Imagination is central here. Ms. Domet nicely prompts us to participate in her story, “To Write a Romance,” by stimulating our imaginations. Cleverly, she creates not one but two appeals to the imagination. First, we of course relate to her protagonist (I’ll return to this in a moment.) who is herself on a flight of fancy, and that empathically encourages us to join her imaginative journey. Secondly, we must imagine the basic situation and, more importantly, the reasons for it. Yes, Ms. Domet gives us vital clues, but she respects the reader’s intelligence and therefore doesn’t resort to flashing neon lights to direct our attention to them.

She neatly frames her story with advice to writers for writing a romance. She starts by using a quotation: Visualize your hero. Think about real men you know or have seen whose characteristics you can blend to model him. She continues to use similar quotations for transitions through her story, rather like Beethoven’s thematic chords. (Although she doesn’t cite her source, the quotations seem to be from an “eHow” website about “How to Develop a Romance Hero.”) For the reader, these instructions are vital clues. Some readers may hear echoes of Joan Wilder, the romance novelist in the 1984 film, Romancing the Stone.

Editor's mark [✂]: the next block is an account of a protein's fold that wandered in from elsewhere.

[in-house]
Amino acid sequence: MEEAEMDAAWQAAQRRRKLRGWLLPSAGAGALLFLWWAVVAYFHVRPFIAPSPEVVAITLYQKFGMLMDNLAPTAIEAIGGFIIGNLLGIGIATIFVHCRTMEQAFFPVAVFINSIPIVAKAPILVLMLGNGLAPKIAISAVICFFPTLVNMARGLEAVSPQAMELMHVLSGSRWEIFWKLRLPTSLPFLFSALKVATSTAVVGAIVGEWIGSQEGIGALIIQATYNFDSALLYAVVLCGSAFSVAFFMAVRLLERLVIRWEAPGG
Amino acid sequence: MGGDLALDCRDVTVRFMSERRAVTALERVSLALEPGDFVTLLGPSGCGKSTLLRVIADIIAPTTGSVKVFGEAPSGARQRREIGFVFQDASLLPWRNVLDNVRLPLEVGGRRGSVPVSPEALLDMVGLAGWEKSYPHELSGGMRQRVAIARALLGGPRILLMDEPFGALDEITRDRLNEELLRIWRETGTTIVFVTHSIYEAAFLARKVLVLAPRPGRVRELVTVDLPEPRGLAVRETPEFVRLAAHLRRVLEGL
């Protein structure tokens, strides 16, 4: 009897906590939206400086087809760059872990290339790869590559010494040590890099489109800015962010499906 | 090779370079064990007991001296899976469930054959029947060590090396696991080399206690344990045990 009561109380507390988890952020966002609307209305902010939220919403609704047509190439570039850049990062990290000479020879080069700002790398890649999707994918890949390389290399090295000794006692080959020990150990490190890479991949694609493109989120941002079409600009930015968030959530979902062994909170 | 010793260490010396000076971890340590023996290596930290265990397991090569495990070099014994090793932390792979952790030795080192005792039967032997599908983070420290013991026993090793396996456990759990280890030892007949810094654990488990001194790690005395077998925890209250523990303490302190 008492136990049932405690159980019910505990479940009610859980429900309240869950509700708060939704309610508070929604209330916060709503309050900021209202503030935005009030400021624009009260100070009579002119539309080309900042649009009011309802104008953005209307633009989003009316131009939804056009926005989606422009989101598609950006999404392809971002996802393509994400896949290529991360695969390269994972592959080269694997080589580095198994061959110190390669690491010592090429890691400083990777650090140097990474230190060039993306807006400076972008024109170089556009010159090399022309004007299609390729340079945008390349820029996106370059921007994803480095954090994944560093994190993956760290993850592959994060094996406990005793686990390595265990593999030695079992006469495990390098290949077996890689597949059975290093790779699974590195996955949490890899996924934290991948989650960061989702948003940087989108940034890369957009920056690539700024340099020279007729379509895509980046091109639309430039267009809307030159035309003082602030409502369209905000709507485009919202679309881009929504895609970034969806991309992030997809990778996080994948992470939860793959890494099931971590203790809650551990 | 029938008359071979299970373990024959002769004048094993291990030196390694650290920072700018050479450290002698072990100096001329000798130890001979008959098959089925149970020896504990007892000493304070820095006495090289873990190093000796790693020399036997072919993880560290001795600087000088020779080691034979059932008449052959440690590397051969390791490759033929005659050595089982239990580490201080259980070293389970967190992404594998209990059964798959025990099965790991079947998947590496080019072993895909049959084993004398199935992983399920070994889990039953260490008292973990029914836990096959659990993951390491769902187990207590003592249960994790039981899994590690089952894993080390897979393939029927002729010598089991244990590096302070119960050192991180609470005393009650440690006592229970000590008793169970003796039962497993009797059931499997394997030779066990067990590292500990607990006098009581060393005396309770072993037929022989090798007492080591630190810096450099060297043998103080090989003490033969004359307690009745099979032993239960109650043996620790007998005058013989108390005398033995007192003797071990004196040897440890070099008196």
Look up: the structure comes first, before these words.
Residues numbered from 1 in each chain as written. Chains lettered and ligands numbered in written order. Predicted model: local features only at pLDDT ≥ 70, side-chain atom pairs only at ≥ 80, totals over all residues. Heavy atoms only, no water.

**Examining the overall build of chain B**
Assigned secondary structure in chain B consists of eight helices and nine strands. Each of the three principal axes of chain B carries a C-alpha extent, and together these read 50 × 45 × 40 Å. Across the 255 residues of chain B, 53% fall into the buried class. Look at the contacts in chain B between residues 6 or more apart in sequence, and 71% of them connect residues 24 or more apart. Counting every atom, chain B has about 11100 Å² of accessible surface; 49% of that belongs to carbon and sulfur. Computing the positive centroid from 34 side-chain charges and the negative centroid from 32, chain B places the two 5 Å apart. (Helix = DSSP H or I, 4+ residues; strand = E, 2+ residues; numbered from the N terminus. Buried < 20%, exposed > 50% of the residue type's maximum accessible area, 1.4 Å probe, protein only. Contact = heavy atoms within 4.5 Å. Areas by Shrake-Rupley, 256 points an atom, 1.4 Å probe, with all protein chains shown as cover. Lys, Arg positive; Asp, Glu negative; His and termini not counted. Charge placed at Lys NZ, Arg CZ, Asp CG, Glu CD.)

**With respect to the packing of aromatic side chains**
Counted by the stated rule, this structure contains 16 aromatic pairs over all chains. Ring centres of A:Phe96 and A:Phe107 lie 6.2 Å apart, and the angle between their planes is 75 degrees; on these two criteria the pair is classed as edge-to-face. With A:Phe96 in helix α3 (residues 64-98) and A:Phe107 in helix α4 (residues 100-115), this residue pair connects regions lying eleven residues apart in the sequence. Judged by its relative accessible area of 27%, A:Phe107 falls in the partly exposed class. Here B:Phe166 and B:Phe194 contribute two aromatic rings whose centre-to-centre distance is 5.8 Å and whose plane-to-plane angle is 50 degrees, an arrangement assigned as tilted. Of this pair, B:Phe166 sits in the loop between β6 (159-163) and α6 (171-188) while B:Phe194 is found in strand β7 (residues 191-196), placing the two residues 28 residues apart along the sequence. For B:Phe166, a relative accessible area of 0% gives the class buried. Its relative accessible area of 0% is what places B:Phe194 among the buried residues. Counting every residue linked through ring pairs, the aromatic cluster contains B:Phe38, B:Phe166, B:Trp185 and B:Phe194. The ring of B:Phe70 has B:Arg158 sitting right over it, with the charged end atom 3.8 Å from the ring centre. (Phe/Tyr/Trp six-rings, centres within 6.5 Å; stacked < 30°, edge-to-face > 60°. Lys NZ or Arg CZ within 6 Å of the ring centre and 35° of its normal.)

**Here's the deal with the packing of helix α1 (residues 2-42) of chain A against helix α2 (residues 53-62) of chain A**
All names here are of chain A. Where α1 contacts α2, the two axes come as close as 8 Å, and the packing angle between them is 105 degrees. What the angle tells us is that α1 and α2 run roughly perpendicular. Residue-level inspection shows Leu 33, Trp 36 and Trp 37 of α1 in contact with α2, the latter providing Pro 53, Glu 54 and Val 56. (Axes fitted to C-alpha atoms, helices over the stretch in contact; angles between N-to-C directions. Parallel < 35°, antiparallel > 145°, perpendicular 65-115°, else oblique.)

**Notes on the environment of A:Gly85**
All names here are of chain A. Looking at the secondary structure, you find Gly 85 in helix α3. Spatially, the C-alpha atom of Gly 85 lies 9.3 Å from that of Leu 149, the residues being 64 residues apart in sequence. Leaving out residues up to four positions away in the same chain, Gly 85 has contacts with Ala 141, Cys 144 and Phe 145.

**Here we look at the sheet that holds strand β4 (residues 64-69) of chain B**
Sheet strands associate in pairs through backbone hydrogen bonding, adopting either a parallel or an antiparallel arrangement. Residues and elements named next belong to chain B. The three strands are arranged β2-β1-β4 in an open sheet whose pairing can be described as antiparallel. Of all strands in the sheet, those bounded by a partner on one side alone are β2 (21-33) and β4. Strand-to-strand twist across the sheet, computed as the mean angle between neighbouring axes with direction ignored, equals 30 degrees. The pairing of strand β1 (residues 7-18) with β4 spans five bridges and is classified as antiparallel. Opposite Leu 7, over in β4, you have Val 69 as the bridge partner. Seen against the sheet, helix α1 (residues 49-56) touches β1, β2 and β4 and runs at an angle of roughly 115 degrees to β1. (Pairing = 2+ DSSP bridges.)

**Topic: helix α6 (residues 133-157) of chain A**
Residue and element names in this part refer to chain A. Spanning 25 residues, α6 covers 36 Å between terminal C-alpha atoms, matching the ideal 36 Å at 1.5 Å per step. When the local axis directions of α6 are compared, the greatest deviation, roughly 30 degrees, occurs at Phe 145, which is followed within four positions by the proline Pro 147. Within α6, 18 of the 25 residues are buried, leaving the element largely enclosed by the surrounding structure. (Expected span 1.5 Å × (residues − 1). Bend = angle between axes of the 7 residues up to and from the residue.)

Interestingly, despite the advice to think about real men, Sandy, the imaginary hero in this story, remains thin and undeveloped, more of an object to serve the protagonist than a real man. Are we to conclude that fantasy creations lack human dimensions?